Joined: 27 Nov 2017
|Posted: Thu Dec 07, 2017 6:19 pm Post subject: Android Device Using Buck Converter (Voltage Regulator) inst
|Hi to all, before I start my project that I think about it's perfect of result at the end of, but it just my thoughts. The situation is following, I have a project that is basically replacing my car's instrument panel with an Android device (a tablet). I managed to make everything work except for one thing: the Li-Ion battery of the tablet was heating up in the hot days (I live in Brazil). The solution that I found was to remove the tablet's Li-Ion battery and try to use a voltage regulator to replace it.
My first try was to use a 2A buck converter to drop the 12V battery voltage to 3.8V and use this as a power supply for the tablet. I managed to remove the flat cable used in the battery and soldered 3 wires (the positive and negative leads plus another wire that is probably a thermitor). Carefully using a multimeter I measured the resistance between the thermistor wire and the negative lead of the battery, it showed up something like 80kOhm. Then I adjusted the voltage regulator for 3.8V, connected the tablet wires accordingly and put a 80kOhm resistor between the thermistor wire and the negative lead.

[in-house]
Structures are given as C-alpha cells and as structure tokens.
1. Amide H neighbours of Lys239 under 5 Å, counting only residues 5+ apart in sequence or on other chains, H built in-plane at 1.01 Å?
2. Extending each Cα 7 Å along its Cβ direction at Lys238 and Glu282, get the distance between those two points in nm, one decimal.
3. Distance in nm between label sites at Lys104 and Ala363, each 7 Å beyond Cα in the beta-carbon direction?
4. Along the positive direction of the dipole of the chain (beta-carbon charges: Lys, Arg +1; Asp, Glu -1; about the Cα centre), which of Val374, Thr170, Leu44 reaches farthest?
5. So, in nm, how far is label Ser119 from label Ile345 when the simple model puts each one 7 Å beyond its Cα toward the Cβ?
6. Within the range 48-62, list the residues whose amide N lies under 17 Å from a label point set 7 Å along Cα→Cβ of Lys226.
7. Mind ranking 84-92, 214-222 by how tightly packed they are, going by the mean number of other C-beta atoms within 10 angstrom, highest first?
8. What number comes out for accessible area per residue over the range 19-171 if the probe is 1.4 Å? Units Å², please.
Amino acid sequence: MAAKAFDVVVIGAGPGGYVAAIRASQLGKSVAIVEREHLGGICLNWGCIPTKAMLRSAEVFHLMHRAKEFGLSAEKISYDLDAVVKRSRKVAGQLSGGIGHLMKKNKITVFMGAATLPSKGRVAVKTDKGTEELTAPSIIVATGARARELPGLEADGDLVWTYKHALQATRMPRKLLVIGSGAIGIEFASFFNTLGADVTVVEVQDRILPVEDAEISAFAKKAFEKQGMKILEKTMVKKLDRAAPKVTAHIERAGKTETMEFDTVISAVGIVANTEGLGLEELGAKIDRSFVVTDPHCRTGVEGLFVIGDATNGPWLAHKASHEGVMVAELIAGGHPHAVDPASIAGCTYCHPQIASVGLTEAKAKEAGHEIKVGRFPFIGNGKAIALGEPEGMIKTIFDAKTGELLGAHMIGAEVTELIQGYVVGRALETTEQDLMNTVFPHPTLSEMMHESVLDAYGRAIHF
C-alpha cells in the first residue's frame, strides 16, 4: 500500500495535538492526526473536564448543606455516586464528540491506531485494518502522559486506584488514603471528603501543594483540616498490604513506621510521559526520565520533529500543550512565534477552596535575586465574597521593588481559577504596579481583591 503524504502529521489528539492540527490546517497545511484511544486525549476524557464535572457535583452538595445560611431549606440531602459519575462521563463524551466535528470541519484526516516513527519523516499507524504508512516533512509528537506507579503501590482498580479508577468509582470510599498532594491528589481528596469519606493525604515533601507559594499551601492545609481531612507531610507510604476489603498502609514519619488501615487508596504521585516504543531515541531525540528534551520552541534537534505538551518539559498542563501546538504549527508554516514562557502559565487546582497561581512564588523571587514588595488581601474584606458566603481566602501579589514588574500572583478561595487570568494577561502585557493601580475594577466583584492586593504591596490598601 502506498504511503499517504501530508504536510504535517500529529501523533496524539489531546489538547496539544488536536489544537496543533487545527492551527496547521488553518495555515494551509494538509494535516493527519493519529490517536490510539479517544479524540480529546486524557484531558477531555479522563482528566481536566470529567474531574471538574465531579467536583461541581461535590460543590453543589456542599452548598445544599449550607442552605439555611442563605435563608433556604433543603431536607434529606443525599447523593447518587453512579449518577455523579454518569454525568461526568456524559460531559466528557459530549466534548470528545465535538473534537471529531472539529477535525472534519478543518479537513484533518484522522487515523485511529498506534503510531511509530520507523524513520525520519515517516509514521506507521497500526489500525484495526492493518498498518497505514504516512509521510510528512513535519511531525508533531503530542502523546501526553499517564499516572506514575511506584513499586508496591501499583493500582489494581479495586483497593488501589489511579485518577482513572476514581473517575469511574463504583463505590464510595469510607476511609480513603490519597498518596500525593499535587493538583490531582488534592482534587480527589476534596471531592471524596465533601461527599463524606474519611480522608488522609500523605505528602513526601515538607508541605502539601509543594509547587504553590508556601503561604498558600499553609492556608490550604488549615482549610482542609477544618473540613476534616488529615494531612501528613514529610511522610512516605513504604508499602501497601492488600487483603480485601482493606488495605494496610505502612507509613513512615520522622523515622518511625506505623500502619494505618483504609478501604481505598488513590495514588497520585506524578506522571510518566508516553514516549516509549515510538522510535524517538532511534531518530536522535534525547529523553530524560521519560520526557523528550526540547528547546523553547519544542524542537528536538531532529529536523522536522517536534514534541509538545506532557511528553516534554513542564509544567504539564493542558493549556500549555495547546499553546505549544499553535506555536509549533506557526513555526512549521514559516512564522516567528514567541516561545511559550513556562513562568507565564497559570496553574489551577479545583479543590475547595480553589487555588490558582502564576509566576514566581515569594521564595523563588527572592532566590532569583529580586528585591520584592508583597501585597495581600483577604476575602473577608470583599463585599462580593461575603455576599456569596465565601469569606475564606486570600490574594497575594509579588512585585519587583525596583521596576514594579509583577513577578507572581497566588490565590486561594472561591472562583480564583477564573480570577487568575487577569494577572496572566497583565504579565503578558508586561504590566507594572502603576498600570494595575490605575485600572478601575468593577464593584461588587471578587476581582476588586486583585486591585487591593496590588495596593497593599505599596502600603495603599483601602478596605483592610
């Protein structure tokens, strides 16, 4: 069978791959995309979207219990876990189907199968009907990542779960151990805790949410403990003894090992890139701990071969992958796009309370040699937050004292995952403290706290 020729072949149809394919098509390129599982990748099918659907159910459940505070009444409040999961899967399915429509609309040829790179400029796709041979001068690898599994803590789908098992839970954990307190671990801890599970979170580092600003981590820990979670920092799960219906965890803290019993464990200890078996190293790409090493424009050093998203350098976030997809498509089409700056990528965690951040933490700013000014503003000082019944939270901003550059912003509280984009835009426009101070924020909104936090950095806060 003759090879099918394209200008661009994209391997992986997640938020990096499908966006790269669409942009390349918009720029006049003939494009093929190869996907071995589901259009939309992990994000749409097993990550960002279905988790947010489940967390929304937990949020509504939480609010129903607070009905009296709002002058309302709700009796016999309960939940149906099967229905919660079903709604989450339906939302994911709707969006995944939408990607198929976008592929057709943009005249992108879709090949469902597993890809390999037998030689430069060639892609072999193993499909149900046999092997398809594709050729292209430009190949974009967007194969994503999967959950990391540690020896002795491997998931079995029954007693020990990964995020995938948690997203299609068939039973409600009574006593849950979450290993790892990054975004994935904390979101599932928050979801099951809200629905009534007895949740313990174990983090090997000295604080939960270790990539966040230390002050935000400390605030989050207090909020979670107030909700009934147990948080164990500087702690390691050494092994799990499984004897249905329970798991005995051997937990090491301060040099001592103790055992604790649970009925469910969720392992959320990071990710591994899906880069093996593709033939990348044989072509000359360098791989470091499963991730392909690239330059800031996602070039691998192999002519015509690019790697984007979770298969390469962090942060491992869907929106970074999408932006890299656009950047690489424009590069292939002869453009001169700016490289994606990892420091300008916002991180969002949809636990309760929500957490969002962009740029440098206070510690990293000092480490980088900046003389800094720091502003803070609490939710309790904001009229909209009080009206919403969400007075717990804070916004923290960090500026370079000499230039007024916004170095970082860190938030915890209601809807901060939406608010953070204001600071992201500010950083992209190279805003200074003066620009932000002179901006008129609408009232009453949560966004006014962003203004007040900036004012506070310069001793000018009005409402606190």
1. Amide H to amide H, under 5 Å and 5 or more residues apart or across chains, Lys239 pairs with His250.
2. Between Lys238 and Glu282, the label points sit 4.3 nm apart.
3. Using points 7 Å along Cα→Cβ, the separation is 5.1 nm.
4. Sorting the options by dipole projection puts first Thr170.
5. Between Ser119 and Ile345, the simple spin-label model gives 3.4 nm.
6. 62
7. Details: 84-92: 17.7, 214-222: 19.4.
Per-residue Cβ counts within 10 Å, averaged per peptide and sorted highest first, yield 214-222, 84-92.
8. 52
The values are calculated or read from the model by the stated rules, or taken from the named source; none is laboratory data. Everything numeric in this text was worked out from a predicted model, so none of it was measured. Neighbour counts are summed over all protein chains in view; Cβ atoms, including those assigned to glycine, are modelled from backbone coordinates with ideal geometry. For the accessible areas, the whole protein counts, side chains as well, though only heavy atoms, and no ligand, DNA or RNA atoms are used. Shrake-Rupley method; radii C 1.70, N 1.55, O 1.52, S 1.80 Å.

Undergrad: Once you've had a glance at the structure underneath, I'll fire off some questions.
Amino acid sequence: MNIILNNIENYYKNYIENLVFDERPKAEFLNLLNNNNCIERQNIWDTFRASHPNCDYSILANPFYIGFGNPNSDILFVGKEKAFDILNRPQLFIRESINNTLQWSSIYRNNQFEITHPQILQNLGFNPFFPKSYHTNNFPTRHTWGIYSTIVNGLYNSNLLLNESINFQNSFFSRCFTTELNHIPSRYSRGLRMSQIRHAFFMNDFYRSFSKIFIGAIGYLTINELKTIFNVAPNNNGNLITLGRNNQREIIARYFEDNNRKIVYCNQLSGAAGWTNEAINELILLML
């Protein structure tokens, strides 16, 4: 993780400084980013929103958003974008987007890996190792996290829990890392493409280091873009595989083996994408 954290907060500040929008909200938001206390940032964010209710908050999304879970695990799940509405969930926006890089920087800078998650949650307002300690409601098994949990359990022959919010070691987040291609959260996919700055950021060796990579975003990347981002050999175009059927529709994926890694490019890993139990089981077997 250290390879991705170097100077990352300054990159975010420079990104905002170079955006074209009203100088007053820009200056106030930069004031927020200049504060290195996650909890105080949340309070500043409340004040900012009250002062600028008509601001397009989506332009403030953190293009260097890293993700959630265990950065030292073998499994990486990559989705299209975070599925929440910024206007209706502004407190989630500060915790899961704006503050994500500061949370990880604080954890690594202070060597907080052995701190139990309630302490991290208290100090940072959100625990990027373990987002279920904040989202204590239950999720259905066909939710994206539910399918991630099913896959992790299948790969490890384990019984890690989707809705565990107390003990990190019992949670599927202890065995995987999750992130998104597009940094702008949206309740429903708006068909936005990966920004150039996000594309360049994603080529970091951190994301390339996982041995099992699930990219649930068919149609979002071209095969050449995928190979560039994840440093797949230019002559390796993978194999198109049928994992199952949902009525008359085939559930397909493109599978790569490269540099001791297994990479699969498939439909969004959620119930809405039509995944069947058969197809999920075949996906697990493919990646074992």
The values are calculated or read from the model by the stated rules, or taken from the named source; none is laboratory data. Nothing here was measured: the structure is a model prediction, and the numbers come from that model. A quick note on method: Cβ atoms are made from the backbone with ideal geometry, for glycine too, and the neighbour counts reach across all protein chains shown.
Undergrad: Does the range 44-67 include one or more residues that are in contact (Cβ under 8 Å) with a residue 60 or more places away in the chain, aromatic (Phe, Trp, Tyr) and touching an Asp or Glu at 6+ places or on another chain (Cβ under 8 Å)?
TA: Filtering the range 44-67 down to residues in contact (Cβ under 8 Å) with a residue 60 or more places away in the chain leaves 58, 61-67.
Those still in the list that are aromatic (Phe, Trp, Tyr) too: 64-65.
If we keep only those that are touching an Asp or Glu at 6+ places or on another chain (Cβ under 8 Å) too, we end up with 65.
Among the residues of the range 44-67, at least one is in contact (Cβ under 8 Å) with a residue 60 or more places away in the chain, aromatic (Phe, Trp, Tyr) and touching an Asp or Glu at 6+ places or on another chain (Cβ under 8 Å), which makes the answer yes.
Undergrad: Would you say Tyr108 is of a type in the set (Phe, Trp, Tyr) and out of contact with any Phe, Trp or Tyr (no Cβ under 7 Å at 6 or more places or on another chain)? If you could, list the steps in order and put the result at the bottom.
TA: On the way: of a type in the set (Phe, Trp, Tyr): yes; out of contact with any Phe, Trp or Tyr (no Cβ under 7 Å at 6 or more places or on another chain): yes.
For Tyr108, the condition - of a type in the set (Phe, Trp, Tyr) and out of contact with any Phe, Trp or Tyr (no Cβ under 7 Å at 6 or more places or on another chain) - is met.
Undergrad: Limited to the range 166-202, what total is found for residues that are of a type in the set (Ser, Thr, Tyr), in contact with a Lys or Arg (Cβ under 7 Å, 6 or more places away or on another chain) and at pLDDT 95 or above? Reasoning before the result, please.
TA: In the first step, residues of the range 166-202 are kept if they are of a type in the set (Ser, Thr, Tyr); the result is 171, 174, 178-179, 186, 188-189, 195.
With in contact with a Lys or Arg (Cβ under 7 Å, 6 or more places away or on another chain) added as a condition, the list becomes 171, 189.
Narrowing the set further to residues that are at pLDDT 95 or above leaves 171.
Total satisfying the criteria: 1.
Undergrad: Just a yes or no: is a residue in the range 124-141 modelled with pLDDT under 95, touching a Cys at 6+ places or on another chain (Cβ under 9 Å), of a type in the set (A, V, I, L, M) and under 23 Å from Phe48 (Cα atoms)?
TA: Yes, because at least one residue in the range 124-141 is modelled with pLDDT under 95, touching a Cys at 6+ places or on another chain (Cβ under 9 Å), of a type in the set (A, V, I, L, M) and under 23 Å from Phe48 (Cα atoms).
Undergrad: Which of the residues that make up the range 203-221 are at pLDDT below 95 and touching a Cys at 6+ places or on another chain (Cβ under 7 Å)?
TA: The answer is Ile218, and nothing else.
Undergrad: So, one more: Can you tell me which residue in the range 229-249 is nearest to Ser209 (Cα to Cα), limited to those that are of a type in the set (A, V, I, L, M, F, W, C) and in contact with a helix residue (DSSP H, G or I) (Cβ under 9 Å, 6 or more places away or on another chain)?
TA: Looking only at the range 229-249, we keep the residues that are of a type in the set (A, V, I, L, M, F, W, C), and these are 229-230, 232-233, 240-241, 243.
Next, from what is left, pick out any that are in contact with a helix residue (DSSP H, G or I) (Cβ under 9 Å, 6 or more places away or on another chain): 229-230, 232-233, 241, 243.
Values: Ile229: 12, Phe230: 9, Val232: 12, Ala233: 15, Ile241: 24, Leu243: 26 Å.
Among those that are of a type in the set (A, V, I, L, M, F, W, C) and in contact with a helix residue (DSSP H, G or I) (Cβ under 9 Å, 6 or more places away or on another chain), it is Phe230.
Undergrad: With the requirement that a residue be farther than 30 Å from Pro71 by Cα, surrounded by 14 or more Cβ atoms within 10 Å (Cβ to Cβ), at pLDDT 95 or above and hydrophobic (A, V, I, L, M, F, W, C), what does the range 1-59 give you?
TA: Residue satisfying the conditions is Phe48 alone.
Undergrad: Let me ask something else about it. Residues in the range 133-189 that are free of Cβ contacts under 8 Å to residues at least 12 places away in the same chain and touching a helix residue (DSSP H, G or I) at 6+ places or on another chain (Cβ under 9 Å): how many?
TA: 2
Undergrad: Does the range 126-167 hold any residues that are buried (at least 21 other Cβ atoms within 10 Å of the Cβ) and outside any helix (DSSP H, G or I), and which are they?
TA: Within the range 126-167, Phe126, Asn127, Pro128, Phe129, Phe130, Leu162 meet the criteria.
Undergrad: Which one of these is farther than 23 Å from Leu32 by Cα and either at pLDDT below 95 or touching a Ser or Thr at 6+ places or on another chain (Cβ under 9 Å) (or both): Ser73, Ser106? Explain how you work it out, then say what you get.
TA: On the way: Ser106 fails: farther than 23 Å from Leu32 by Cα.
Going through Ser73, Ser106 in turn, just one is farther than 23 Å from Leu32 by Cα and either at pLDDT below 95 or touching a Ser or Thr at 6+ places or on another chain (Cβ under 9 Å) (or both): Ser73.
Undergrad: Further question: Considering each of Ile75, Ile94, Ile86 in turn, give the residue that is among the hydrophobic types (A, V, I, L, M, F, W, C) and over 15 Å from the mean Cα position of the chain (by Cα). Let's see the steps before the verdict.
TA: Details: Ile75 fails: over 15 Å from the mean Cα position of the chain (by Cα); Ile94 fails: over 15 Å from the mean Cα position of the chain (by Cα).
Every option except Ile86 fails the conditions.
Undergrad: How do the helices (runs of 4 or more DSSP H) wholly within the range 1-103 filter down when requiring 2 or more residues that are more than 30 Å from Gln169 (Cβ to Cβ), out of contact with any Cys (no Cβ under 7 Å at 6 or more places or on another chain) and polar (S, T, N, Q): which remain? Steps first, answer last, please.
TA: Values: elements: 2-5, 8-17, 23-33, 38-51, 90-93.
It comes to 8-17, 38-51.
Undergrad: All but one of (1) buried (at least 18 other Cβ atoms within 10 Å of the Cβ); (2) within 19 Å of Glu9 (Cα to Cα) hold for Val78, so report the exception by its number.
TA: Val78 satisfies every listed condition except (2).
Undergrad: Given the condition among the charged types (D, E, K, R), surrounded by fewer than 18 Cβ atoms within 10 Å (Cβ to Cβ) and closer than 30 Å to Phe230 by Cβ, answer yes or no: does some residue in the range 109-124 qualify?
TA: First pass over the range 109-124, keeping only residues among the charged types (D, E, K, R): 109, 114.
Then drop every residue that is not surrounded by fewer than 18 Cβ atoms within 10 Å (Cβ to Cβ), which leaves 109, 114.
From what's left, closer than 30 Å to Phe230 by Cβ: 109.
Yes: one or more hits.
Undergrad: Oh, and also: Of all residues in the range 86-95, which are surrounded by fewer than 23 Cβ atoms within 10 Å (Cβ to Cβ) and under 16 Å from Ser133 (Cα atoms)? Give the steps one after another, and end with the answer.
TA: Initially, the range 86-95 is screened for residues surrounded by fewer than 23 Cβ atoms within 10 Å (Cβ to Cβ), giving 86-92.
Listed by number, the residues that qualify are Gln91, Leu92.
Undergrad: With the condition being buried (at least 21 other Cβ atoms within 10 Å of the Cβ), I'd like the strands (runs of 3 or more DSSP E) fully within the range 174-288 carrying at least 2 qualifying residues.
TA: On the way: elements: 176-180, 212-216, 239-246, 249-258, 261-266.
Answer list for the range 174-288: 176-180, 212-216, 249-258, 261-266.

When I tried to power on the tablet, nothing happened. I then increased the voltage to 4.3V (I read in the battery that I removed that the charging voltage was max 4.35V, so I thought that it was not a problem to try to increase the voltage a little bit) and this time it showed the Samsung logo for 3~5 seconds and turned off.
I was able to boot up the device and keep it running for some seconds with the following: besides powering it using the voltage regulator, I also plugged a USB002 http://www.kynix.com/Detail/596160/USB002.html charger in it. The boot, then, succeeded, it stayed on for some seconds and then powered off again.
Talking to a friend of mine that is an electrical engineer, he explained to me that these kind of devices sometimes have current peaks and that this 2A voltage regulator may not be able to handle the current peaks on GSM bursts and so on.
What I did then was to buy a 12A buck converter with both voltage regulation and current regulation (through potentiometers). Today I tried to use it, expecting it would work, unsuccessfully. I adjusted the voltage to 3.8V (also tried 4.3V as before) and adjusted the current to max current. The same thing happened. This time I used the multimeter to measure the current passing through the tablet and what I got was that when I try to power up it draws something like 200~300mA from the voltage regulator for 3~5s and then it powers off.
If someone could help me figure out why the voltage regulator it not working as expected, I would be grateful.
The 2A buck converter:
The 12A buck converter: